MSG was first introduced in 1908 by a Japanese chemist Kikunae Ikeda, who was able to isolate unique flavour of a popular broth made from a seaweed called kombu. Ikeda described the flavour as neither salty, sweet, sour or bitter. It was unique. The taste came from the glutamate in the seaweed and earned the new, “fifth taste” which would be called “umami”, neither salty, sweet, sour or bitter.
But MSG has been used as an active ingredient in many Asian foods, not the least Thai food where the white crystals are sprinkled liberally on favourite Thai dishes from the street stalls to the hi-so restaurants.
Now there’s a campaign, “Redefine CRS” headed by Japanese food and seasoning company Ajinomoto to reflect the current knowledge about MSG and the impact of misinformation on the public’s perception of Asian cuisine.
The whole Chinese Restaurant Syndrome was a western construct and never became a ‘thing’ in Asia. So Ajinomoto are calling out the half century of misinformation as “racist”. If MSG was actually dangerous or could conjour up it’s reputed side effects a long list of Asian countries and their populations would be walking around complaining about it.
“To this day, the myth around MSG is ingrained in America’s consciousness, with Asian food and culture still receiving unfair blame. Chinese Restaurant Syndrome isn’t just scientifically false, it’s xenophobic.”
In a video several Asian American figures, restaurateurs, and medical professionals spoke out against the misconceptions surrounding MSG and Chinese food. Famed restaurateur Eddie Huang, whose memoir was adapted into the hit sitcom “Fresh Off the Boat points out that MSG is not only delicious but found in hundreds of commonly used foods we use every day.
“Calling it Chinese restaurant syndrome is really ignorant.”
The campaign proposes a redefinition of “Chinese restaurant syndrome”… “an outdated term that falsely blamed Chinese food containing MSG, or monosodium glutamate, for a group of symptoms.”
Chances are, you’ve eaten it. You light be eating it right now as you snack and scroll through your phone. MSG is a common amino acid naturally found in foods like tomatoes and cheese, which people then figured out how to extract and ferment. This fermented glutamate salt is now used to flavour lots of different foods like stews or chicken stock and seasoning.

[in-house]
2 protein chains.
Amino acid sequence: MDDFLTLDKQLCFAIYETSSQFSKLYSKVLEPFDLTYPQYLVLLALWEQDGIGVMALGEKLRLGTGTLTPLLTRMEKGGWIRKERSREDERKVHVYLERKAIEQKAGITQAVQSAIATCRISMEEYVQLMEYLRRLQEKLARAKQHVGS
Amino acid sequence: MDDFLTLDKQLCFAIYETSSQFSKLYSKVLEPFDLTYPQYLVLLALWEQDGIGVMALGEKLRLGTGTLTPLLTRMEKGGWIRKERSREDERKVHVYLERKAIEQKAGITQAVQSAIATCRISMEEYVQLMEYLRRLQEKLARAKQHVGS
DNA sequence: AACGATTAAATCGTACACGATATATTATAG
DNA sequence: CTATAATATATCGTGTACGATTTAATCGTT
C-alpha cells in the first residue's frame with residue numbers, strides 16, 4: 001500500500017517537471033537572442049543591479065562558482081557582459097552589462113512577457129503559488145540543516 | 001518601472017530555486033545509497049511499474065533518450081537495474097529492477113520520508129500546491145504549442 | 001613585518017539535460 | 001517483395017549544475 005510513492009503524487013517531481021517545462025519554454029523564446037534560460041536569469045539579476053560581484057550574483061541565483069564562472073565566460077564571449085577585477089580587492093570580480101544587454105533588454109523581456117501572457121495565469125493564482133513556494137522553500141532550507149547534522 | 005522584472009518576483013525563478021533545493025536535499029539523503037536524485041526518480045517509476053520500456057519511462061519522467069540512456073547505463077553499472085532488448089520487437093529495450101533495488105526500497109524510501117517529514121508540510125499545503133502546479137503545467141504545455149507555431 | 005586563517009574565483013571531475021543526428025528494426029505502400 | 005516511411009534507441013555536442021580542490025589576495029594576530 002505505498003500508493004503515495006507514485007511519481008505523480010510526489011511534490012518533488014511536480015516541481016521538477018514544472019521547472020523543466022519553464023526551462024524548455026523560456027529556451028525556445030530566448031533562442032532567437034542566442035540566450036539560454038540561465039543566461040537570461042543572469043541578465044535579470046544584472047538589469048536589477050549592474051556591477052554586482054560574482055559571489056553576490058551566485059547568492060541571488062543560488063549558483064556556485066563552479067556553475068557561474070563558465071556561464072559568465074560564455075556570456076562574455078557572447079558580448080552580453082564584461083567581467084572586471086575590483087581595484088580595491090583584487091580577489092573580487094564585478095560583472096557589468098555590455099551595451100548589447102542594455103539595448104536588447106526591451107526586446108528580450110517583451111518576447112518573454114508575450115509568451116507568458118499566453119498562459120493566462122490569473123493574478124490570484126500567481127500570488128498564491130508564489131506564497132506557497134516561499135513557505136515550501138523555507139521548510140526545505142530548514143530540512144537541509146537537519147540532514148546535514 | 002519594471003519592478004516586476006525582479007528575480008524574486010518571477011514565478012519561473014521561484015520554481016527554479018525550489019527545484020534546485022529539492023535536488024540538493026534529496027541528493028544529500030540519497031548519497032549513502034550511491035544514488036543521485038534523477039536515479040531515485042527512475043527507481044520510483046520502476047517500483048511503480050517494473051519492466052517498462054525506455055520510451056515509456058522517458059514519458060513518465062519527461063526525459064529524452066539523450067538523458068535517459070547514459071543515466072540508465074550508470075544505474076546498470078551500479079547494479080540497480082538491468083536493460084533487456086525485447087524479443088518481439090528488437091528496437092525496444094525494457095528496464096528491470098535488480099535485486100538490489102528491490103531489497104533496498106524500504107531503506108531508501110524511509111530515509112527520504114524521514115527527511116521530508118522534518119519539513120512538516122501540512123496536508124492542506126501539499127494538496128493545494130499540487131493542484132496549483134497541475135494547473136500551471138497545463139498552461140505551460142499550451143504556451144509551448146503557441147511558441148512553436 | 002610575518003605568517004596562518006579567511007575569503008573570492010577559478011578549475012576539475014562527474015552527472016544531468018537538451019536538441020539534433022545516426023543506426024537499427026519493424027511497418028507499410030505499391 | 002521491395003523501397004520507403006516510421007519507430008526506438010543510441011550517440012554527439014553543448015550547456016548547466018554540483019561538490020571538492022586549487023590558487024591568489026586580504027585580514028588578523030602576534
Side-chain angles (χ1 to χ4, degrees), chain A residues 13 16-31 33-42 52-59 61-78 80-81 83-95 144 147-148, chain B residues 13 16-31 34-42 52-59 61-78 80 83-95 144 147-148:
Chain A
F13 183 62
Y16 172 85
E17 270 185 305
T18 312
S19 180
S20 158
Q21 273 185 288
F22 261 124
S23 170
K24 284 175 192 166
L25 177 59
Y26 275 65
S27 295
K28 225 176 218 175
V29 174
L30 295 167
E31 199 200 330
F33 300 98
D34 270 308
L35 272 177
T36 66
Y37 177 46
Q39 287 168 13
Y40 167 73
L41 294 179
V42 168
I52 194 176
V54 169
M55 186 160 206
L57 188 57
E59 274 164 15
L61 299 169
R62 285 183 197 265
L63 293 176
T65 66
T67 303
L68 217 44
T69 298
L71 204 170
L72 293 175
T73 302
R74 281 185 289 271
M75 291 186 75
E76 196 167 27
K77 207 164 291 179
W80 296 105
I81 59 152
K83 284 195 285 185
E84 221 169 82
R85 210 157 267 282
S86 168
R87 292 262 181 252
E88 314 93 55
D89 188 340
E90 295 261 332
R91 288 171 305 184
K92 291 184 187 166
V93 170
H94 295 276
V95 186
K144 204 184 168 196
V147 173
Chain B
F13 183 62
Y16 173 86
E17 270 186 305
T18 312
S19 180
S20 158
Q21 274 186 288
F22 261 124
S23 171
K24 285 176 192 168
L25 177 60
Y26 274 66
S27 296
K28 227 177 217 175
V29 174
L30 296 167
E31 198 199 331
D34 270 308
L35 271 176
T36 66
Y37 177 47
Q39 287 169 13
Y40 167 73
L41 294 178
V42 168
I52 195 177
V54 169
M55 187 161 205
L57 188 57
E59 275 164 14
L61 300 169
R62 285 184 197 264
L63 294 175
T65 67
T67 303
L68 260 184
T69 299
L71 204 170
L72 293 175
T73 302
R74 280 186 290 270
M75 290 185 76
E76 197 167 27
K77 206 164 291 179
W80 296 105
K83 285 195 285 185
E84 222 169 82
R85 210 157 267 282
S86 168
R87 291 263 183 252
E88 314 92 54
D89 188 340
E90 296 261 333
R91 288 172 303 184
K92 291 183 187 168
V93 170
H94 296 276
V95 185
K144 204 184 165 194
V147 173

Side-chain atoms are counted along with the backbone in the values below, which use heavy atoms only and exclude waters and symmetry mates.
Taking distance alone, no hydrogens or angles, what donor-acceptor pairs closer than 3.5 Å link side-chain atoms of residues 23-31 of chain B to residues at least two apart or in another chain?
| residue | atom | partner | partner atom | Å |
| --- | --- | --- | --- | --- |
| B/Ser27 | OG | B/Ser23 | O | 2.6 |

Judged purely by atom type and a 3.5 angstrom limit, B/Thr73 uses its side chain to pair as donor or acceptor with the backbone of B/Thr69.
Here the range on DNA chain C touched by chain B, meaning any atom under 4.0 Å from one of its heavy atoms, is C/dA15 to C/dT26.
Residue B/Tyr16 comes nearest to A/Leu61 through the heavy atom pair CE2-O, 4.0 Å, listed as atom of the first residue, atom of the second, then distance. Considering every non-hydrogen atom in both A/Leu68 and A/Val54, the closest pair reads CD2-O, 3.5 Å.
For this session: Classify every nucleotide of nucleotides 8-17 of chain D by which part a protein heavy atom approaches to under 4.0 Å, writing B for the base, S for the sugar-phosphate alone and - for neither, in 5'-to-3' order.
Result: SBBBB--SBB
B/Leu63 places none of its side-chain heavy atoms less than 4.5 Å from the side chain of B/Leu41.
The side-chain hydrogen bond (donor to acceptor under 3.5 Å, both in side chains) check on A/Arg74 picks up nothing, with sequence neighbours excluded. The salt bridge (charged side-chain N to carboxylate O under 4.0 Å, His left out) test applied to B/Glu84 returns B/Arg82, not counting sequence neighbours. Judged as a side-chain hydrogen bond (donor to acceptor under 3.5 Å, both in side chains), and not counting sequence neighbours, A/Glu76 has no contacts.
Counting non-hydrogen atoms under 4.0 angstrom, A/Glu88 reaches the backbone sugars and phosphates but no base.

A joint study by the World Health Organisation and the UN Food and Agriculture Organisation “failed to confirm a link between MSG and the ‘Chinese Restaurant Syndrome’. The syndrome itself was based on “anecdotal” evidence rather than any scientific fact.”
As the new campaign points out, the public scare over MSG unfairly placed the blame on Chinese food. That myth persists in many western countries where Chinese food as is sometimes considered processed, unclean, or unhealthy.
So, head down to your local Chinese restaurant and thoroughly enjoy your meal because it tastes great, along with all the other Asian cuisines you love. If you feel ‘icky, bloated and tingly’ after your meal it’s not the MSG, you probably just ate or drank too much.
As a side note, The Thaiger was involved in an experiment six years ago in Phuket when we had two control groups of three people. The six people were sat down and told we wanted to measure the effects of MSG in their food. All were given a standard Pad Thai Goong. One group was told the meal had been prepared with MSG, the other without MSG. In the interviews after, the group who ate the food prepared with MSG noted they had ‘tingling around their lips’, ‘feeling of flush cheeks’ and ‘racing heartbeat’.
The other group, who were told their meals were prepared without MSG, had no complaints.
Then everyone was told that, in fact, the meals had been switched, so that the group who thought they had consumed MSG had eaten a Pad Thai Going without any MSG.
Hardly a scientifically-validated study but an indication how we can be easily convinced to believe anything.Keep in contact with The Thaiger by following our Facebook page.